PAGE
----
By Devin Watkins
As the world marks 100 years since the birth of Karol Wojtyla, the Pontifical University of Saint Thomas Aquinas in Rome inaugurates an Saint John Paul II Institute of Culture within the Faculty of Philosophy in JPII’s name.
Karol Wojtyla, the future Pope, studied philosophy at the Angelicum from 1946 until 1948. The new institute is supported by two Polish foundations, Futura Iuventa and Saint Nicholas.
JPII: Inspiration and architect
To commemorate the new cultural institute, Pope Francis sent a letter on Monday to the Angelicum’s Rector, Fr. Michał Paluch, O.P., who hails from Poland.
The Pope said JPII is both “the inspiration behind this project and its first and most important architect.”
He added that the Polish Pope left the Church a “rich and multifaceted heritage” due to “the example of his open and contemplative spirit, his passion for God and man, for creation, history and art.”
Deep esteem for humanity
Pope Francis wrote that John Paul II always sought to interpret historical events and personal sufferings in the light of the Holy Spirit. This attitude, said the Pope, led him to reflect deeply on man and his culture roots “as an essential reference point for every proclamation of the Gospel.”
He recalled that JPII, in his first encyclical, Redemptor Hominis, wrote that the “missionary attitude always begins with a feeling of deep esteem for ‘what is in man’, for what man has himself worked out in the depths of his spirit concerning the most profound and important problems.”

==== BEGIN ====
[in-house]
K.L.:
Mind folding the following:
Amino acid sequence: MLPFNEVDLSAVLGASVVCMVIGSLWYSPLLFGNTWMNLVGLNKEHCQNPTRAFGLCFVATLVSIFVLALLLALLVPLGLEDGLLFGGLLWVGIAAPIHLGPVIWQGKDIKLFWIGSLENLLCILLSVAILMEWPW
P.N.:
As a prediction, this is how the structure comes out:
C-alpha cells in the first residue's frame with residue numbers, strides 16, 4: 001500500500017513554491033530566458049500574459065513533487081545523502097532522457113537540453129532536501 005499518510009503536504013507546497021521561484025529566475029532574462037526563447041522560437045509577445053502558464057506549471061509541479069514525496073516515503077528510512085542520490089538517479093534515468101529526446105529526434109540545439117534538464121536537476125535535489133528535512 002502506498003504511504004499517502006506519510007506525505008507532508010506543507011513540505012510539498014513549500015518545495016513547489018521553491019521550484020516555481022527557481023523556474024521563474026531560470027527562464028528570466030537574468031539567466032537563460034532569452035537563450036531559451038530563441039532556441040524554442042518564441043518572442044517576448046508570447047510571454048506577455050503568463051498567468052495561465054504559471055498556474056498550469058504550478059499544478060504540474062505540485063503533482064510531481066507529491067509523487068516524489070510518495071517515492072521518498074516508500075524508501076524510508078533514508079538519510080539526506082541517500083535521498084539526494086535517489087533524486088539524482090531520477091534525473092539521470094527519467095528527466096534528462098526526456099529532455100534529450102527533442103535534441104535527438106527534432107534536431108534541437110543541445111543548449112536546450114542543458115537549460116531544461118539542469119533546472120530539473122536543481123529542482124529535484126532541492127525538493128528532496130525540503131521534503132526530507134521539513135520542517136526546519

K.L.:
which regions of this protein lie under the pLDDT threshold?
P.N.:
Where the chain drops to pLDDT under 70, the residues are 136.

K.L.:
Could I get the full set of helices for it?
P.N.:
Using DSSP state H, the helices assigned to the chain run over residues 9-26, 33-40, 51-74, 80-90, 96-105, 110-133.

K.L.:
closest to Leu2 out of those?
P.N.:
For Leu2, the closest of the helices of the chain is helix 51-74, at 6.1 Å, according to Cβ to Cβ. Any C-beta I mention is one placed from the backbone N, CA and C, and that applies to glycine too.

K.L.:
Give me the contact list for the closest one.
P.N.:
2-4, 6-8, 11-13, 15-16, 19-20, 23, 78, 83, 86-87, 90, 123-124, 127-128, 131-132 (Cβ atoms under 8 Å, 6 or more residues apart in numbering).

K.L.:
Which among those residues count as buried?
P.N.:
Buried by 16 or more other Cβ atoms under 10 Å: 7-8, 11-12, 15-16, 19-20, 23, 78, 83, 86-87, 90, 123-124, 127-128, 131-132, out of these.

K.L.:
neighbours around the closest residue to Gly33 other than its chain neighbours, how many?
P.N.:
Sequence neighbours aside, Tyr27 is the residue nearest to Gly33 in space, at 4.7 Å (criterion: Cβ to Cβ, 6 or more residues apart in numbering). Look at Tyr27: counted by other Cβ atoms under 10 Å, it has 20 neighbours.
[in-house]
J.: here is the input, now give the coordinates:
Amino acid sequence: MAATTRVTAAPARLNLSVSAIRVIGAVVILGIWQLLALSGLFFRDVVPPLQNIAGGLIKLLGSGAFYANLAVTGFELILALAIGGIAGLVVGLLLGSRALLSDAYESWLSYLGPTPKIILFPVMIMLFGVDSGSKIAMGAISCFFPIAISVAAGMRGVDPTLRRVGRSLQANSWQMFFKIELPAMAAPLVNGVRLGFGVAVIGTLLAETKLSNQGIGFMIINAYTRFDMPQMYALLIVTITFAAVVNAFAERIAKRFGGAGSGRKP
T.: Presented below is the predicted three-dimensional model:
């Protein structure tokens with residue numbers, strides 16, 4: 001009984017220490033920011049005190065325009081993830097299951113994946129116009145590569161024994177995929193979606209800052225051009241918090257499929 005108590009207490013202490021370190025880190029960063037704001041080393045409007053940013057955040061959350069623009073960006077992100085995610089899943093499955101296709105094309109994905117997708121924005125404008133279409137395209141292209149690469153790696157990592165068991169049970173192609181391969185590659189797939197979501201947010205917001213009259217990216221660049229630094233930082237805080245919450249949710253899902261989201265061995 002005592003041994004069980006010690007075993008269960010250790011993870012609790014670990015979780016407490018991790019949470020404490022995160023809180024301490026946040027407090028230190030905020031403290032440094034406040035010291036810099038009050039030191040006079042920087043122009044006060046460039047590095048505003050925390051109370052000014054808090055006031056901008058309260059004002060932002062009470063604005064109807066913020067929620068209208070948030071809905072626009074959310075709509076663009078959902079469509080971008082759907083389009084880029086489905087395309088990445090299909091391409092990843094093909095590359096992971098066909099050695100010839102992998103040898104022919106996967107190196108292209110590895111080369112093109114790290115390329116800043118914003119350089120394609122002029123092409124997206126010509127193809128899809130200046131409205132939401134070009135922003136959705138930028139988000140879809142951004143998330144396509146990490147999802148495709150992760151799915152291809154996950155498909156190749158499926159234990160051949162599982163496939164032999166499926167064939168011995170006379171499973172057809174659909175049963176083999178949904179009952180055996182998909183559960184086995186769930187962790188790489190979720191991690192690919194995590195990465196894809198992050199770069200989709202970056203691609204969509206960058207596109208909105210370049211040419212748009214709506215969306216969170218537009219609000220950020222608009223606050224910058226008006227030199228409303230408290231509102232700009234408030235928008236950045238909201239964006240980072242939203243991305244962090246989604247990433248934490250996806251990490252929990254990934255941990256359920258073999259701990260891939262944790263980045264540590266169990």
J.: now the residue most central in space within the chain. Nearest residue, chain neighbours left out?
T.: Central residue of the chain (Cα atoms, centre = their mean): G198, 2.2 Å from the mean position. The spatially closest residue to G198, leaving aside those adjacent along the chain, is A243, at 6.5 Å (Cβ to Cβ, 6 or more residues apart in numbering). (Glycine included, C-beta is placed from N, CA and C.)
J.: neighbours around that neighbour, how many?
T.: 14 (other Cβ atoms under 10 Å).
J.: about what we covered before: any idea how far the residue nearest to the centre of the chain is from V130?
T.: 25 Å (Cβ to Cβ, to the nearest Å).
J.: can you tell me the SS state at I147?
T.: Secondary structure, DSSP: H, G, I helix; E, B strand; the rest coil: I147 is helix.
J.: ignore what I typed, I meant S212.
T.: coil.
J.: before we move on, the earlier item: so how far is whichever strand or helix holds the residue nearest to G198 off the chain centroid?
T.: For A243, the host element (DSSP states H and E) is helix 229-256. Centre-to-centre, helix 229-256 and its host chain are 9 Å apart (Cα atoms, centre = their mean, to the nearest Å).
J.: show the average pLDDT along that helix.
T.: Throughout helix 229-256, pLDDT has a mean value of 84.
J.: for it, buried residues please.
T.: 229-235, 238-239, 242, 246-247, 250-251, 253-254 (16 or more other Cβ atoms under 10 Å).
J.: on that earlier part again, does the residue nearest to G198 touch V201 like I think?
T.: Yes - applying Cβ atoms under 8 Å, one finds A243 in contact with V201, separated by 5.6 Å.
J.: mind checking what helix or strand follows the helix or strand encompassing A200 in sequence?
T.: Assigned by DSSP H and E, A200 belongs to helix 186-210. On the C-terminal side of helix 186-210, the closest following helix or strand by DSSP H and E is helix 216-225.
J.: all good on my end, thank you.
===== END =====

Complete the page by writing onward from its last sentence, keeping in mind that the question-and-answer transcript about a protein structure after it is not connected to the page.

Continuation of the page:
“We need to keep this approach alive,” said Pope Francis, “if we wish to be an outward-looking Church, not satisfied with preserving and administering what already exists but seeking to be faithful to our mission.”
Interpreting today’s cultural challenges
The Pope expressed his appreciation that the JPII Institute of Culture is part of the Angelicum University.
“The Angelicum,” he wrote, “houses an academic community comprising professors and students from throughout the world and is a fitting place for interpreting the important challenges of today’s cultures.”
He said the Dominican tradition – which guides the university – will certainly favor the project, “so that it will be characterized by the courage of the truth, freedom of spirit and intellectual honesty.”
In conclusion, Pope Francis expressed his best wishes for the St. John Paul II Institute of Culture, and imparted his Apostolic Blessing upon all those involved.